SOCRATIC DISCUSSIONS SCHEDULE FOR 2020-2021 – ALL CLASSES ARE WEEKLY, EACH MONDAY
|3rd Grade Class (Monday)||8:00 AM||9:00 AM||10:00 AM||11:00 AM|
|4th Grade Class (Monday)||9:00 AM||10:00 AM||11:00 AM||12:00 PM|
|5th Grade Class (Monday)||10:00 AM||11:00 AM||12:00 PM||1:00 PM|
|6th Grade Class (Monday)||11:00 AM||12:00 PM||1:00 PM||2:00 PM|
|7th Grade Class (Monday)||12:00 PM||1:00 PM||2:00 PM||3:00 PM|
|8th Grade Class (Monday)||1:00 PM||2:00 PM||3:00 PM||4:00 PM|
If your preferred class is marked FULL, add your name to the Socratic Discussions WAITLIST, and we will notify you when a seat opens, or if we add another class, which we do when enough students are wait-listed.
PHILOSOPHY FOR CHILDREN SCHEDULE FOR 2020-2021 – ALL CLASSES ARE WEEKLY, EACH FRIDAY
|7th Grade||Ethics||8:00 AM PST||Ethics: Drama of the Moral Life by Prof. Piotr Jaroszynski
The Time of Our Lives: The Ethics of Common Sense by Dr. Mortimer J. Adler
|8th Grade||Socratic Logic||9:30 AM PST||Socratic Logic by Peter Kreeft|
|3rd & 4th Grades||Philosophy for Children||11:00 AM PST||Harry Stottlemeier’s Discover
In Harry Stottlemeier’s Discovery, the children are beginning to explore the world of ideas. This is not just a series of intellectual adventures. Harry and his friends investigate the world of ideas in a systematic fashion. They engage in forms of inquiry. When first reading the book, the methodical and systematic character of what the children in the novel are doing may not be apparent to you. You see them struggling and floundering. But what is happening is not haphazard. They are going through a series of stages typical of the great many cases of discovery and invention. These stages are the process of inquiry. Inquiry often begins when problems arise regarding things which till then had been taken for granted. With this begins the process of inquiry and it does not terminate until a more satisfactory solution replaces the one that has become unsatisfactory.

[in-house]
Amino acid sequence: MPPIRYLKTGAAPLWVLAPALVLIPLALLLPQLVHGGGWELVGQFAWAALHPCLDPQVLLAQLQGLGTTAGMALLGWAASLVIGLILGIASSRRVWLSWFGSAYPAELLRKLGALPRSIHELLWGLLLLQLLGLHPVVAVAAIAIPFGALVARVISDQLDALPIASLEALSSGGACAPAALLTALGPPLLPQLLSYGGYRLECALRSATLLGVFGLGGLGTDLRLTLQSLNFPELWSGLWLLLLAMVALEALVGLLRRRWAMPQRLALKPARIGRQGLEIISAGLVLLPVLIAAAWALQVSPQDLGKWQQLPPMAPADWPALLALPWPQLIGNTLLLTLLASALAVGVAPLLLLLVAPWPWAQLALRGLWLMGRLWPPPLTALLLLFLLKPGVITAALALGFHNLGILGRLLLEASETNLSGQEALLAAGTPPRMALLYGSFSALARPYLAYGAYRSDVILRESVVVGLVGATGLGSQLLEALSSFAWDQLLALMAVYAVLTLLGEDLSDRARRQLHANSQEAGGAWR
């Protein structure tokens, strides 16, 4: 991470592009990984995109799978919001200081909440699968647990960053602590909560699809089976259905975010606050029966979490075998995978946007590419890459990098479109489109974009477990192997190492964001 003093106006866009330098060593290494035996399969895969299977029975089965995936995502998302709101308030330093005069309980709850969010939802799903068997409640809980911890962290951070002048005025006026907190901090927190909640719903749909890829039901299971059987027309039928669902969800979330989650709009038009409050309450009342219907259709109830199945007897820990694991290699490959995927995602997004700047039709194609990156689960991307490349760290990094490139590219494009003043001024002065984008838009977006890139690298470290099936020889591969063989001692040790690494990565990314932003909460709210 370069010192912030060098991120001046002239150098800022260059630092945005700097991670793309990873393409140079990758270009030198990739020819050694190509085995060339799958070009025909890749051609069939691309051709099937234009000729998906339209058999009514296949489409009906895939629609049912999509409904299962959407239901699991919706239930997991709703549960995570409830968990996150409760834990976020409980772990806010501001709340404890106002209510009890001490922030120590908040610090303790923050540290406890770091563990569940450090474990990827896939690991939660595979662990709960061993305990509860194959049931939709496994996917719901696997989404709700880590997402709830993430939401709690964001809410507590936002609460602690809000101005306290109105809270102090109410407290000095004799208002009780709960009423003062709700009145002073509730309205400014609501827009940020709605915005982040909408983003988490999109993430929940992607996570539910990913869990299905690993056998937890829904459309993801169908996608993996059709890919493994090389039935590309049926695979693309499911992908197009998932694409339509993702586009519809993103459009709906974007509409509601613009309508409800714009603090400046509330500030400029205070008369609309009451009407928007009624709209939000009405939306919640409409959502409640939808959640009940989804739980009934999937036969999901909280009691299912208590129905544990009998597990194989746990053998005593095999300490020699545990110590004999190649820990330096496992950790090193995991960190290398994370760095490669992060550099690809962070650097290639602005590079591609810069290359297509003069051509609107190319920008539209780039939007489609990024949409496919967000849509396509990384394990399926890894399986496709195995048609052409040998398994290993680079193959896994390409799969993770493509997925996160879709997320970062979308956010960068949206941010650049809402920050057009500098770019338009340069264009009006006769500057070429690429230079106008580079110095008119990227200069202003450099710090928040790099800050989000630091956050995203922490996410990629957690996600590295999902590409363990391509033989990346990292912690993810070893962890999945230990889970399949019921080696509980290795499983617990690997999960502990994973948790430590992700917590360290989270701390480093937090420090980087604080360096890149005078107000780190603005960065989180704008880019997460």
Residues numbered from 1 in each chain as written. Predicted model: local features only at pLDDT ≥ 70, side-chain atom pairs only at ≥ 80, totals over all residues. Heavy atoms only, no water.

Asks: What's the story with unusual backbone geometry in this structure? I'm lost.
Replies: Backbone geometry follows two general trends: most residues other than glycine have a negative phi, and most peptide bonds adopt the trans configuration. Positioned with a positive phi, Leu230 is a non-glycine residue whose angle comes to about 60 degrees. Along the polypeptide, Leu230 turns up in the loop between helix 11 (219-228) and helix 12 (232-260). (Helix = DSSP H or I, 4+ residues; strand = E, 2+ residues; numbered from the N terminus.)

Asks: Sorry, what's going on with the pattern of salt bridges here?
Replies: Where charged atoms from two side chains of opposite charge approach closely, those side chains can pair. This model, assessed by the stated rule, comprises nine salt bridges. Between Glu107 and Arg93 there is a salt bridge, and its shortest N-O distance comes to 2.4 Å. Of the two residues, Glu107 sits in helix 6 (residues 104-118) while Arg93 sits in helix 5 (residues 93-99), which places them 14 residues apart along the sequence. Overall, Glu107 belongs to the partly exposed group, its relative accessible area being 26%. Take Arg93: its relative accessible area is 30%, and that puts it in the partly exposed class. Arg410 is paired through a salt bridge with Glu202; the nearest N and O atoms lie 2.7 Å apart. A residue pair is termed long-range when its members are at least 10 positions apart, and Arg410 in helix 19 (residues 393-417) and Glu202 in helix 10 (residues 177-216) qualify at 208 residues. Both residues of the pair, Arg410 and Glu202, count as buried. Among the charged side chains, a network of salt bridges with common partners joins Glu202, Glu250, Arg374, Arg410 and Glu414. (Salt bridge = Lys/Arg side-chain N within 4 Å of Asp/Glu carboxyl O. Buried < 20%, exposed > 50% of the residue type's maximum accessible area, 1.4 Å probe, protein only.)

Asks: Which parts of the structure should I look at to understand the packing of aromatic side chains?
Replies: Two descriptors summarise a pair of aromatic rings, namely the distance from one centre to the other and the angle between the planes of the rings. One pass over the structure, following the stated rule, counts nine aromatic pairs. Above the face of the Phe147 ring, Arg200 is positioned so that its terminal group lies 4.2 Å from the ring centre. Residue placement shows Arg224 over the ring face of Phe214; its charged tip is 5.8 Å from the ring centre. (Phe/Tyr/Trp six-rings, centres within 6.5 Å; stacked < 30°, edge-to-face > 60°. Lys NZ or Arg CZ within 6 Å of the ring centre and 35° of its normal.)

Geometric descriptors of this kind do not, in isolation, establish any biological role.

|5th & 6th Grades||Philosophy for Children,||12:30 PM PST||Introduction to Greek Philosophy
GREEK PHILOSOPHY: The first philosophers in Western history—the ancient Greeks—asked the most fundamental questions about human beings and their relationship to the world. More than 2,500 years later, the issues they pondered continue to challenge, fascinate, and instruct us. Is reality stable and permanent or is it always changing? Are ethical values like justice and courage relative? Or are values “absolute”—simply and forever right and true? What is justice? What is happiness? How shall we best live our lives? In this course, you not only learn about Greek philosophy but, to some extent, how to do it. Greek philosophy is ultimately not about facts or answers but about the give-and-take of ideas.
By the end of this course, you will understand how Greek philosophy still heavily influences our view of life. We live today at a time that is shaped by Pre-Socratic, relativistic philosophy. Contemporary thinkers, and often the average person, have great difficulty finding objective truth or meaning in life. What have we lost in turning away from the world of Plato and Aristotle—a world where everything has a place and a purpose and life is saturated with value and meaning? On the other hand, what would we lose if we returned to that world? These are a few of the many questions that will give you ample food for thought. For the Greeks, that was the greatest feast of all.
If your preferred class is marked FULL, add your name to the Philosophy for Children WAITLIST, and we will notify you when a seat opens, or if we add another class, which we do when enough students are wait-listed.